9. Loved the interview and am enjoying Bryan’s book as I build my own site. The words, “Available everywhere” in his book graphic is a little deceiving though. I seriously doubt I will find this book at Lowe’s, McDonald’s, my middle school cafeteria’s vending machine, and the list just goes on.

    Truthfully, it’s a miracle I somehow found it somewhere that wasn’t everywhere.

  10. Jeff, thanks for making “31 Days…” available for less than $2. You’re right. I plopped 2 bucks down this morning at our local coffee shop and said, “Keep the change.” And it’s funny how the price of a Starbucks cinnamon dolce latte doesn’t make me shy off for something that I enjoy for a short while (and pretty much until the next time I step on the scales) but wonder “Is this worth the price?” when I consider a book that will make me better at what I love to do. I’ve started the eBook and expect a good read coupled with a lot of good laughs.–Tom

  11. Yeah, I will be an owner of this book.  I have just started the whole blogging on a regular basis deal, and have really no clue how to build an audience.

    in an unrelated note…

    I shudder when I think of what I have done for a klondike bar…

  12. Sadly, I waited until today to buy Bryan’s book for full price instead of getting the cool discount you “secretly” offered to all your REAL fans if they bought the book before like 11:53pm last night.  I am terrible at discount shopping.  I almost always pay full price.  
    BUT, happily, this book is worth it!  I’m only on page–well, I don’t know what page I am on because it’s a stupid Kindle which doesn’t tell me an actual page–do e-books even have to have page numbers?  Anyway, I’m in the middle of chapter 1 and already I’ve received very practical advice (conveniently in all caps so I wouldn’t miss it), and I’ve already laughed out loud 4 and a half times.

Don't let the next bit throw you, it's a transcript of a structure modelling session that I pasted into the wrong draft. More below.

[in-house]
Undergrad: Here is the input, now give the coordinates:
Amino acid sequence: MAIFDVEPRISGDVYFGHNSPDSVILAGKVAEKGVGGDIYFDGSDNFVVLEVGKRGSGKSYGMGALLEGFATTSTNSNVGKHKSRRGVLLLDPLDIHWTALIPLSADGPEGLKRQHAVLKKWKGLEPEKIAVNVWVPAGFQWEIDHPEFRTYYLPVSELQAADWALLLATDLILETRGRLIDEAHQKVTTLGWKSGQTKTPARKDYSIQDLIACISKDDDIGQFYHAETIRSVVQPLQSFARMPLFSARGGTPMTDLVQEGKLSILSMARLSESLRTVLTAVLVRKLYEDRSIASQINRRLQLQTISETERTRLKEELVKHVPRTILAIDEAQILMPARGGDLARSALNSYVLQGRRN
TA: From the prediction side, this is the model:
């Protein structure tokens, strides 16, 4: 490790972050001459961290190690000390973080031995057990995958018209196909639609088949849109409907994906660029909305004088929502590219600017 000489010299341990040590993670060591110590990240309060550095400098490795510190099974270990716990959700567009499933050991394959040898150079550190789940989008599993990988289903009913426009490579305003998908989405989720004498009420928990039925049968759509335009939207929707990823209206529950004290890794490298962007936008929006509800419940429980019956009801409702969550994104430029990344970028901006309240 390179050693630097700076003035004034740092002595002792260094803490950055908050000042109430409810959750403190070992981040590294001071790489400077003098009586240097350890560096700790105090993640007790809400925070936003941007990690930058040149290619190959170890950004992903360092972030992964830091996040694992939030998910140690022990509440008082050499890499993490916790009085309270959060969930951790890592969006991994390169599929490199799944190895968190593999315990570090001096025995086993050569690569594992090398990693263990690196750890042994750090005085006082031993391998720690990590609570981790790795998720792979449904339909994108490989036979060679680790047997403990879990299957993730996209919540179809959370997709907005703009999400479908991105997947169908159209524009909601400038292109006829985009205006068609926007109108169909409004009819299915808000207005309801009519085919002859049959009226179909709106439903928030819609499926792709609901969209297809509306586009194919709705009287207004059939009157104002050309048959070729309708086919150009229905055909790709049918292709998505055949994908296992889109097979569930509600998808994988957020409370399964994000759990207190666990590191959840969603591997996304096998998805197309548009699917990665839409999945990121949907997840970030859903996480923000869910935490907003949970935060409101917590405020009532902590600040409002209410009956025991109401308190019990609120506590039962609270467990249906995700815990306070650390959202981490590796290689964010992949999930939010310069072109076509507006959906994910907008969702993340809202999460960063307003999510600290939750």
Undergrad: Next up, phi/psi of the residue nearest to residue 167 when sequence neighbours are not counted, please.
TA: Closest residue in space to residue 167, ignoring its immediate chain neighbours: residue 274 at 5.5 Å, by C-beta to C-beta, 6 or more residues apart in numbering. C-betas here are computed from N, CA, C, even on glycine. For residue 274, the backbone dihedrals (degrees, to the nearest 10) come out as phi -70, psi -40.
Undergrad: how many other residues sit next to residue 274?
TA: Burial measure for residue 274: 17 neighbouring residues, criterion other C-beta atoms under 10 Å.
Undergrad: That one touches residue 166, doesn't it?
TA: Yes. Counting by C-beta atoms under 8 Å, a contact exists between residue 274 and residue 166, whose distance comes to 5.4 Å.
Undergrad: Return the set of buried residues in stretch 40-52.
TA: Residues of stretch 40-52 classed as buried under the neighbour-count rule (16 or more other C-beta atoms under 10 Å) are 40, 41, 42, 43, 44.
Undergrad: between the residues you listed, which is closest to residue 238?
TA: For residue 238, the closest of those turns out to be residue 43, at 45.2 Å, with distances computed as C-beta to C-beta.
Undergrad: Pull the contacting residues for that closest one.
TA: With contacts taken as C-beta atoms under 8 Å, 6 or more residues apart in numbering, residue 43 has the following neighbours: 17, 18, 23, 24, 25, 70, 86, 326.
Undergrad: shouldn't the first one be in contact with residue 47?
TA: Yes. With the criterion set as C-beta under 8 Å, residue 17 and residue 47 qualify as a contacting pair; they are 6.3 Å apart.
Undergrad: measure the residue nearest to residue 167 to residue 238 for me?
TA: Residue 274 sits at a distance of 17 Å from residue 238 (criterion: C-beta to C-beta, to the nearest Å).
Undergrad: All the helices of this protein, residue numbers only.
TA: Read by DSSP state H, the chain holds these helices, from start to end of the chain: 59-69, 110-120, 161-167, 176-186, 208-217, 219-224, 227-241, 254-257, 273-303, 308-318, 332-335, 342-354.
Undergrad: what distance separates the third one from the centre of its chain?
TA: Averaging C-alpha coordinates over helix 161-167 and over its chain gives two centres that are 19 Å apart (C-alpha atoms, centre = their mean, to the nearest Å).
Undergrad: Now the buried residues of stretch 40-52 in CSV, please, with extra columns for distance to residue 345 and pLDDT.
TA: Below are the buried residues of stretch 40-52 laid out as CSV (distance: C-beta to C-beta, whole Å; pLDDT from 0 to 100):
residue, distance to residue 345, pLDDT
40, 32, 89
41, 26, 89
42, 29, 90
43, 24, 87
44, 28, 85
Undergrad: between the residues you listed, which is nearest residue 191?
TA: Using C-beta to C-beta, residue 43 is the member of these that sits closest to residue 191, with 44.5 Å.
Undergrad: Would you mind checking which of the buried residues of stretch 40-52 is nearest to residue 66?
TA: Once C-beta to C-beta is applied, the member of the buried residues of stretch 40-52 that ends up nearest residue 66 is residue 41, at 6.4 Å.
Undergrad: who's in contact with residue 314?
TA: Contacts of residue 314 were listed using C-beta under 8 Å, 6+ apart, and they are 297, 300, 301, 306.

Great job Bryan on this book (so far).  And great job (again) Jeff for having this incredibly helpful blog and sharing all the brilliance.

  13. Awesome interview and an even better book. I shared a review over on Some Wise Guy. By the way @bryanallain:disqus , that grandparent joke was my favorite too. Literally laughed out loud while reading it on the bus.

    I’ve never had an official blogging coach, but I’ve tried to be the unofficial jedi apprentice of a few masters out there.

    I’d want to learn how to write better and increase responses (link shares and comments). However, Bryan’s book covers that and I’m looking forward to starting it over and implementing the daily tips.

  14. Jeff, I got in on your ‘secret’ deal for Bryan’s book and I already finished it! Awesome strategies and I love the way he gives you action steps to take to look at the way you’re blogging. Already starting to implement some of the things I’ve discovered (which is mainly there is a LOT that needs improvement). Plus I love the ‘let’s have fun while we’re discovering our mission’ attitude. Thanks Bryan, and thanks Jeff for helping me discover this resource. Someday when I grow up I want to be a Killer Tribe leader. And hopefully I won’t have to vote anyone off. 😉

  15. Having a blog coach is such a good idea. Guiding you on how to make an educational blog to help others. Your coach is the one to teach you the do’s and don’ts in making a blog.

  16. Would you take a look at my blog. I get no traffic. I am open to suggestions. Thanks.

  17. From the beginning to the end the entire course of action being a blogger will propose the best ideologies with lots of experiences in practical and professional mannerism to all perspectives. It does not seem unreasonable to suggest that the practical efforts are always the milestone to propel the inner intentions in further progressive mannerism to write anything,